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Theatre Review by James Wilson - October 19, 2023

Sara Haider and Joshua Echebiri
Photo by Todd Cerveris
Last year, New York's invaluable Mint Theater Company presented Chains, Elizabeth Baker's trenchant drama from 1909 about the apparent impossibility of having both a happy marriage and a fulfilling personal life. Mint continues its mission to rescue Baker from theatrical oblivion with its production of Partnership, a comedy that had its London premiere in 1917 and which explores similar themes introduced in the former play. (The company produced a third Baker play, The Price of Thomas Scott, in 2019.) Partnership does not exhibit the lacerating social critique of Chains, but its examination of balancing work with leisure remains as relevant as ever.

The comedy revolves around Kate Rolling (Sara Haider), the owner of a high-end fashion shop in Brighton. Rolling (as she is referred to by her associates) manages the boutique with a no-nonsense precision, and with a flick of her wrists or a cock of her head, she can send her assistants, including the simpering shopgirl Miss Gladys Tracey (Madeline Seidman, who is appropriately sappy and sentimental), scurrying. Dressmaker Miss Blagg (in a terrific and wry performance by Gina Daniels) and associate Maisie Glow (Olivia Gilliatt, a standout as a scheming and cynical social climber) are also crucial to the business in order to cater to and ingratiate themselves with upper-class customers like the snooty Lady Smith-Carr-Smith (Christiane Noll, who is delightful but, sadly, appears in just two scenes).

Rolling's business prospects look even brighter when a neighboring shop owner, George Pillat (Gene Gillette), makes an intriguing proposition. Pillat has made an offer on the store between his and Rolling's, and he suggests they go into a partnership that would allow them to expand their respective establishments. Additionally, the contractual partnership would include marriage even though neither has romantic feelings for each other. Both their personal and professional relationships, therefore, would be strictly business.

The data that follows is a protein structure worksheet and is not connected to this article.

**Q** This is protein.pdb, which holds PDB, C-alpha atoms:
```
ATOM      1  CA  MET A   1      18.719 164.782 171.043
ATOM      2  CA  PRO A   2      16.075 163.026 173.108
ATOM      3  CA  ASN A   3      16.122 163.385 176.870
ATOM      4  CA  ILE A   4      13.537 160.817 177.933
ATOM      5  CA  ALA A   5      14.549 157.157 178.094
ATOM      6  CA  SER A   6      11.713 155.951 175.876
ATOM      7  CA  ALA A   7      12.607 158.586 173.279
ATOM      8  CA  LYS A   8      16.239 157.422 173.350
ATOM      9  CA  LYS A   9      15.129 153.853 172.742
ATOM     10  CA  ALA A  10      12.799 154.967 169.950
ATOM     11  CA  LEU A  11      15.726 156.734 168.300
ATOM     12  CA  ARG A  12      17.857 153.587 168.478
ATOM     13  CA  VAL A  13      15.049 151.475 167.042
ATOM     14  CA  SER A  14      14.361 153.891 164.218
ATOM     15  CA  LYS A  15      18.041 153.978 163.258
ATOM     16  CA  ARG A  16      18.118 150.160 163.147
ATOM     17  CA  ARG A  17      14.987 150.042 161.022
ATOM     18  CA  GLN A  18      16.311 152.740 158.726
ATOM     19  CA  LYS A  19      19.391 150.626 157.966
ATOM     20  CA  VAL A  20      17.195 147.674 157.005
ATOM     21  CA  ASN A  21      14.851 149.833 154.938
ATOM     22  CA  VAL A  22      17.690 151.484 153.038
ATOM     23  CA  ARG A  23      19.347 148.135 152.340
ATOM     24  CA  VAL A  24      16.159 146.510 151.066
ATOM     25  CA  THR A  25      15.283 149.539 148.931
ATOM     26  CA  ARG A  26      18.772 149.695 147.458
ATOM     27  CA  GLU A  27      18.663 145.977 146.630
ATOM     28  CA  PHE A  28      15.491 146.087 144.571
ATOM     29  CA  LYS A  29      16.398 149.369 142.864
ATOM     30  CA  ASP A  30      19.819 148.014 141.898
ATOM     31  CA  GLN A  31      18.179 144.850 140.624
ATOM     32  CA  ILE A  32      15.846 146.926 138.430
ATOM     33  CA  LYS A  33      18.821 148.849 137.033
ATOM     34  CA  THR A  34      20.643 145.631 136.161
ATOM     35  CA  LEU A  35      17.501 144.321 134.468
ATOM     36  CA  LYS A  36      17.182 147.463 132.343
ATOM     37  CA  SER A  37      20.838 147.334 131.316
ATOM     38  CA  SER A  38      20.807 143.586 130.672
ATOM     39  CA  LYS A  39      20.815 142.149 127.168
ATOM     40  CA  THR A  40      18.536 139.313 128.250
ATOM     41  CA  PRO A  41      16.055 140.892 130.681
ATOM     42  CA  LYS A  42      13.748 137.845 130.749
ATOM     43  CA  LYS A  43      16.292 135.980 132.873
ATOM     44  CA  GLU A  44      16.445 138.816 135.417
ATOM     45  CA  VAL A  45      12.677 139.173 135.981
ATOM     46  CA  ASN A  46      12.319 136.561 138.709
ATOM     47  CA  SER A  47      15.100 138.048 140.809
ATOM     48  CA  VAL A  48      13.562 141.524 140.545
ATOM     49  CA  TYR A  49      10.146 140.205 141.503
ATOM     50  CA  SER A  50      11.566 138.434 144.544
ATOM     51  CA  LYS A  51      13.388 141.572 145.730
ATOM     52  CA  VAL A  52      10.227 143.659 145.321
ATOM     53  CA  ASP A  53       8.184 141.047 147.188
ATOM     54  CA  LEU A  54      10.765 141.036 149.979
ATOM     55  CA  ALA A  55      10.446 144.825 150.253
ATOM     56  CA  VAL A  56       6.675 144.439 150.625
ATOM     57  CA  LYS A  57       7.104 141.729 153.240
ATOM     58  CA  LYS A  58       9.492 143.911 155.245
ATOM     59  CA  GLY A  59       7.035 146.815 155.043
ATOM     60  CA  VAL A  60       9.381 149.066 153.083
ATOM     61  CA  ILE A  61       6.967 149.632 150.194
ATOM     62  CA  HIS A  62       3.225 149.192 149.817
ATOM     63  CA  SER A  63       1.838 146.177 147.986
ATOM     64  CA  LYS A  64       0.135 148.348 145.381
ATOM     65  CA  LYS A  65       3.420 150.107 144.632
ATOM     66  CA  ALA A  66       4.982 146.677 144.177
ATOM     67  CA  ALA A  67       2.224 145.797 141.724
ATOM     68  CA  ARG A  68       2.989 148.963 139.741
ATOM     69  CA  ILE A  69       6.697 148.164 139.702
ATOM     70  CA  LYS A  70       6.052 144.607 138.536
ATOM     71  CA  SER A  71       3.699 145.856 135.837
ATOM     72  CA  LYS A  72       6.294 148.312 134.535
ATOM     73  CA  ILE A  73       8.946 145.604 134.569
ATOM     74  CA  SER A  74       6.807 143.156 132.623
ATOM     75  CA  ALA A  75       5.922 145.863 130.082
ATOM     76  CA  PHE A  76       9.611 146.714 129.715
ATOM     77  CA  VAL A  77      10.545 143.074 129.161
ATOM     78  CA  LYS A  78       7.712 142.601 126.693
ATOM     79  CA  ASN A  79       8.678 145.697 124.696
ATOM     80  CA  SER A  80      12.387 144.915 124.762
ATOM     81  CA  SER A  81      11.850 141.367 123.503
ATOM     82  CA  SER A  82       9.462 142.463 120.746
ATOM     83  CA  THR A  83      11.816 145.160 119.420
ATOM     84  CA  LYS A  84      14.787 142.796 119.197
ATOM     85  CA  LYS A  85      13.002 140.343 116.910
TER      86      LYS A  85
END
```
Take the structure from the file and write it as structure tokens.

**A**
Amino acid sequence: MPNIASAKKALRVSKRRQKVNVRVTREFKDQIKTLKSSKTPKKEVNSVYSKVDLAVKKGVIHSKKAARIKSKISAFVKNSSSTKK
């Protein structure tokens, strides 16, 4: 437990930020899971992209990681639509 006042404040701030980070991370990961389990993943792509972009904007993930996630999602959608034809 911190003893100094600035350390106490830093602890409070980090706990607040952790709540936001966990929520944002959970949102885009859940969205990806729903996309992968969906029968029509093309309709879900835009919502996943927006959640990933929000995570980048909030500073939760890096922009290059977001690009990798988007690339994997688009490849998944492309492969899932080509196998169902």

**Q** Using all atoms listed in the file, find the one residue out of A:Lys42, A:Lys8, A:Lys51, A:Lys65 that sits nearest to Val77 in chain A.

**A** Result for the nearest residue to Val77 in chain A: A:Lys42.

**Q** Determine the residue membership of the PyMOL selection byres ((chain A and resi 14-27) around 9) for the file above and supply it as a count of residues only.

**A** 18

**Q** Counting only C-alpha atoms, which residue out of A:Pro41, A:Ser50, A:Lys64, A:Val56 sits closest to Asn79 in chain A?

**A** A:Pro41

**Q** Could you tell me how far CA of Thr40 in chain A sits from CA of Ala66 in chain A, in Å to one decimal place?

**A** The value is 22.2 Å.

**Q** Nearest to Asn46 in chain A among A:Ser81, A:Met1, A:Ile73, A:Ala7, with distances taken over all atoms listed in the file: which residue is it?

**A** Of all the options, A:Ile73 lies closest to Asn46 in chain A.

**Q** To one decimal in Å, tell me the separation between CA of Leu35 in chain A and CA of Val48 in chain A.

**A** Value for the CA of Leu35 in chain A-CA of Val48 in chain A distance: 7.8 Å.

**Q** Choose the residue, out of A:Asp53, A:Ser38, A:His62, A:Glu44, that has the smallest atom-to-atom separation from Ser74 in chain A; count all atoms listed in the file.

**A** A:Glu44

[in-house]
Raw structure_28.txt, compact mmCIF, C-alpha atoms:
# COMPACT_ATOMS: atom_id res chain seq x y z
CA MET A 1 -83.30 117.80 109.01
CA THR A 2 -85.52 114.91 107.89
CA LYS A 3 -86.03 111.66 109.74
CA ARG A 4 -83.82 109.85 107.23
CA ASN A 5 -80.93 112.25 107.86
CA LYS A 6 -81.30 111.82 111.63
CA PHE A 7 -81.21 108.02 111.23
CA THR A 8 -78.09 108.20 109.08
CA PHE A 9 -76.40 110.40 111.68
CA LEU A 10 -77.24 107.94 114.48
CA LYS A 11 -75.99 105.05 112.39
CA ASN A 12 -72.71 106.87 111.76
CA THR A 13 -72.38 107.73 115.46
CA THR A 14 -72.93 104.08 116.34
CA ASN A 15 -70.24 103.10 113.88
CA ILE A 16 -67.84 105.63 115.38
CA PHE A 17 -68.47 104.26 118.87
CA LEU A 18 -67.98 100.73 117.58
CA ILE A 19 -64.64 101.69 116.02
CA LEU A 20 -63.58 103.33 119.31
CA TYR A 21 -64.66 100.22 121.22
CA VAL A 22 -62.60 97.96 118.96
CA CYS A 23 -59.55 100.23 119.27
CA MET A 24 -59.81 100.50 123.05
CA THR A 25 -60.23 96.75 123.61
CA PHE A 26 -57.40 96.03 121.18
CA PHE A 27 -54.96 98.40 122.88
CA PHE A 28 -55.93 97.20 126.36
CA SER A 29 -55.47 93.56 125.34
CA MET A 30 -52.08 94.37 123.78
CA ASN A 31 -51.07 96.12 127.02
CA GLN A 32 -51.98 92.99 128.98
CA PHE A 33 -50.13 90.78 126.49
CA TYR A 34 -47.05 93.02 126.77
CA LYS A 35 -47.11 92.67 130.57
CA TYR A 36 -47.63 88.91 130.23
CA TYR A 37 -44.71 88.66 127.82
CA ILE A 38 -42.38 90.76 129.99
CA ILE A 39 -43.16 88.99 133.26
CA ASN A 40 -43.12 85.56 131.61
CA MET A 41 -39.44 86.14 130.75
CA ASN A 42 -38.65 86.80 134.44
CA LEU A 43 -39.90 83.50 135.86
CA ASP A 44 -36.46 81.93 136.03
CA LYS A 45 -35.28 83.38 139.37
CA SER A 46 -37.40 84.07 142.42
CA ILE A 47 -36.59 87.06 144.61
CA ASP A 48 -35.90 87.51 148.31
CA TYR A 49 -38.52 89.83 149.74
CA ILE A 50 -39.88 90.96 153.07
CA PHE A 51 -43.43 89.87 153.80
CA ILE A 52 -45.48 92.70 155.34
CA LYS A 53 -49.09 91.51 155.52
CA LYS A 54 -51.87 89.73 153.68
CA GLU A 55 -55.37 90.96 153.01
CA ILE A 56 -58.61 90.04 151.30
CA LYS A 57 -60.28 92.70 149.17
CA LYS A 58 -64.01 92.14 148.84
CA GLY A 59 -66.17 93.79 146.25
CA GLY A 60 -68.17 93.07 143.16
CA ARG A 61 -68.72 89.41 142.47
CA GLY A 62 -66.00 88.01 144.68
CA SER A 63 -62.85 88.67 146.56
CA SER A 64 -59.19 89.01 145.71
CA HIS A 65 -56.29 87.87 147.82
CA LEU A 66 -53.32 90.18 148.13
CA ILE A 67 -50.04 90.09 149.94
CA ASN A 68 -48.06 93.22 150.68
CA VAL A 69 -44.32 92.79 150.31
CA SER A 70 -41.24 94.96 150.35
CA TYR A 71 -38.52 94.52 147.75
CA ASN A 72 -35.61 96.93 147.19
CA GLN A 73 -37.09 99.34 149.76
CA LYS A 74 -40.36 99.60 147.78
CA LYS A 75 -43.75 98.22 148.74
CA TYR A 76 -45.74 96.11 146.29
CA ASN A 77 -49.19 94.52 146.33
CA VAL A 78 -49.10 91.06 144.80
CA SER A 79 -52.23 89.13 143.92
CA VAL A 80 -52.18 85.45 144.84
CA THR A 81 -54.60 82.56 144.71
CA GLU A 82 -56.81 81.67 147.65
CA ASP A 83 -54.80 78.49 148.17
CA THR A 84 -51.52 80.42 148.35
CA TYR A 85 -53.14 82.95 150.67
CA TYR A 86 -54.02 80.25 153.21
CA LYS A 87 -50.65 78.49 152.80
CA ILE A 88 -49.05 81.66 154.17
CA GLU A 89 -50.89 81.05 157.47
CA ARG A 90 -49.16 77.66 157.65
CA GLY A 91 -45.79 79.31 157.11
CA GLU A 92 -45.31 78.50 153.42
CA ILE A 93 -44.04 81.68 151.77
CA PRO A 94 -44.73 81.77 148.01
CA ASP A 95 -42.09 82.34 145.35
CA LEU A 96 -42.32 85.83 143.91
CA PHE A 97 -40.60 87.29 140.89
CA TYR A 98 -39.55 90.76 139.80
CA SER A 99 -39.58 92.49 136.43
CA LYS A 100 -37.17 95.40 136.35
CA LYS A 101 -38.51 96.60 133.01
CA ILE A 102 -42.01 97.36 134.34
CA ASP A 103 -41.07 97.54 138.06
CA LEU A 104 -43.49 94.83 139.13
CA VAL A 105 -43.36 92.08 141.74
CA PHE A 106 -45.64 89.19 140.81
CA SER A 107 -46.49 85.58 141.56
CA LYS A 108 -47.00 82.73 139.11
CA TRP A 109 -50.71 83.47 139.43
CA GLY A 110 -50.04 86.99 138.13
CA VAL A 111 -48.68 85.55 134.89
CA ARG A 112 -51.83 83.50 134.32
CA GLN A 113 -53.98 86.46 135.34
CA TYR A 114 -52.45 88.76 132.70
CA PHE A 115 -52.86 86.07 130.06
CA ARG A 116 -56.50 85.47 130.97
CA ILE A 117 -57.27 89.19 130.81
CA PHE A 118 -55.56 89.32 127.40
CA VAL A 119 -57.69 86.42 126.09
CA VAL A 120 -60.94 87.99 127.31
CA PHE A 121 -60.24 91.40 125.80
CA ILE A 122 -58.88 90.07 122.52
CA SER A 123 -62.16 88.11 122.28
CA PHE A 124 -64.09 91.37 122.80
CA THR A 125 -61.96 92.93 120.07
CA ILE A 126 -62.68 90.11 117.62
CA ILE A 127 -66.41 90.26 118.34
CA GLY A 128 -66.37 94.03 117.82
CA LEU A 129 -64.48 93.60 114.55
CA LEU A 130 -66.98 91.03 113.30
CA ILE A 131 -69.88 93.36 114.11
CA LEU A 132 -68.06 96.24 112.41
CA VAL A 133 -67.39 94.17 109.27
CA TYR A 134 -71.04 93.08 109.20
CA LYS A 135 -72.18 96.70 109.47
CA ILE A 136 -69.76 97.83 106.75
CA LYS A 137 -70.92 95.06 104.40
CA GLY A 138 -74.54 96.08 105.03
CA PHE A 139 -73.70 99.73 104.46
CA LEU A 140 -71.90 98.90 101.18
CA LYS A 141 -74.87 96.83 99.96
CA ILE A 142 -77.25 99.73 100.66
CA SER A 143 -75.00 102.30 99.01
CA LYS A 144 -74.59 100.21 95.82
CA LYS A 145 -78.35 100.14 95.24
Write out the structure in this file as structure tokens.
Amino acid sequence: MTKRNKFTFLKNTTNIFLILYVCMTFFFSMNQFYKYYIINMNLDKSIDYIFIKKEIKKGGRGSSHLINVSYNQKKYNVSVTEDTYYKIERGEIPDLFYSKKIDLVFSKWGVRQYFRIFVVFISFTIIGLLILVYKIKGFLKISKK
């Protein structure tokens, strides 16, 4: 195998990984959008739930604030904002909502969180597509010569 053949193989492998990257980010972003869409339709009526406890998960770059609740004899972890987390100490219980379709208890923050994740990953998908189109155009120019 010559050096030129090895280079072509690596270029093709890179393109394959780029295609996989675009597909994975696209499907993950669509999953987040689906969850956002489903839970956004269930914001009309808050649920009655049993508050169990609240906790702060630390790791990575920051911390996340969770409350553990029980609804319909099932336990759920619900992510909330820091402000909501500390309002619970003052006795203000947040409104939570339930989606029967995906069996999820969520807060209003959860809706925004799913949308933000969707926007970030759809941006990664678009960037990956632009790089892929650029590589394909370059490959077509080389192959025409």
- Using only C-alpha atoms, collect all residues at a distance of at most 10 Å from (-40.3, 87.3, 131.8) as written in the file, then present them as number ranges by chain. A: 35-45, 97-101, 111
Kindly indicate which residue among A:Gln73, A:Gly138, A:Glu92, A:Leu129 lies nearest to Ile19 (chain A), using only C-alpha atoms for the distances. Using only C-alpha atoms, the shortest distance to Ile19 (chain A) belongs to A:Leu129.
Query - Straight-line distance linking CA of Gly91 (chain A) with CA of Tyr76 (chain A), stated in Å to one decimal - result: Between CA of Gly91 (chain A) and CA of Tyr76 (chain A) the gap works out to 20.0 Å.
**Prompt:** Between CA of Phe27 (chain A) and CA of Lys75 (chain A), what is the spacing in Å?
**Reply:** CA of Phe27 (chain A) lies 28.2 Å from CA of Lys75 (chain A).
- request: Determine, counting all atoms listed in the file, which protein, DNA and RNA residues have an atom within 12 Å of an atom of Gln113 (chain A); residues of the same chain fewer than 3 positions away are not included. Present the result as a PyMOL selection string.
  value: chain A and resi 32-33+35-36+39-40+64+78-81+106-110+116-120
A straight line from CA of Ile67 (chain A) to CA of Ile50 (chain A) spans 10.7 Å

The contract is all but signed until Rolling spends an afternoon with Pillat's old school friend, the shy and reserved Lawrence Fawcett (Joshua Echebiri). Fawcett is the antithesis of the driven capitalists. He spends as much time as he can hiking, luxuriating in nature, and taking mid-afternoon boat rides. His philosophy is "You begin to realize then that life is more than a bank balance. You know; it's extraordinary what you can do without the things that money will buy."

Fawcett causes Rolling to reconsider her own priorities in life, and she even has some sympathy for the lovesick Tracey, who has been in an on-again, off-again relationship with one of Pillat's workers (sweetly played by Tom Patterson, who also doubles as an unctuous cad in the production). "Partnership" begins to take on new meanings as Rolling immerses herself in Fawcett's lifestyle, and she is confronted with having to make a life-altering choice and select either a business or intimate partner.

As is probably clear from the brief summary, Rolling's final decision will not come as much of a surprise. Consequently, the three-act play certainly has its longueurs, but many of the performances, particularly by Haider as the heroine, who seems to have been transplanted from a play by George Bernard Shaw, make the visit worthwhile. Under Jackson Grace Gay's direction, Haider exquisitely shows the transformation of a hardened businesswoman to a flighty romantic. She is well matched with Gillette, who plays Pillat as a buttoned-up, meticulously controlled entrepreneur, who wears a suit and tie as if it were a second skin. Unfortunately, Echebiri's Fawcett lacks the requisite charm and insouciance that would make a highly successful industrialist want to throw it all away. As a romantic comedy, this Partnership is regrettably a one-sided affair.

Whatever the drawbacks, the production benefits from outstanding design elements. The sets (especially the work room in Rolling's boutique) by Alexander Woodward, period costumes by Kindall Almond, and summery lighting by Mary Louis Geiger contribute to the early-nineteenth-century ambiance. The fashions and antiquated references may point to a different time and place, but the issues are pertinent to modern audiences.

Through November 12, 2023
Mint Theater Company
Theatre Row, Theatre Four 410 West 42nd St. Tickets online and current performance schedule: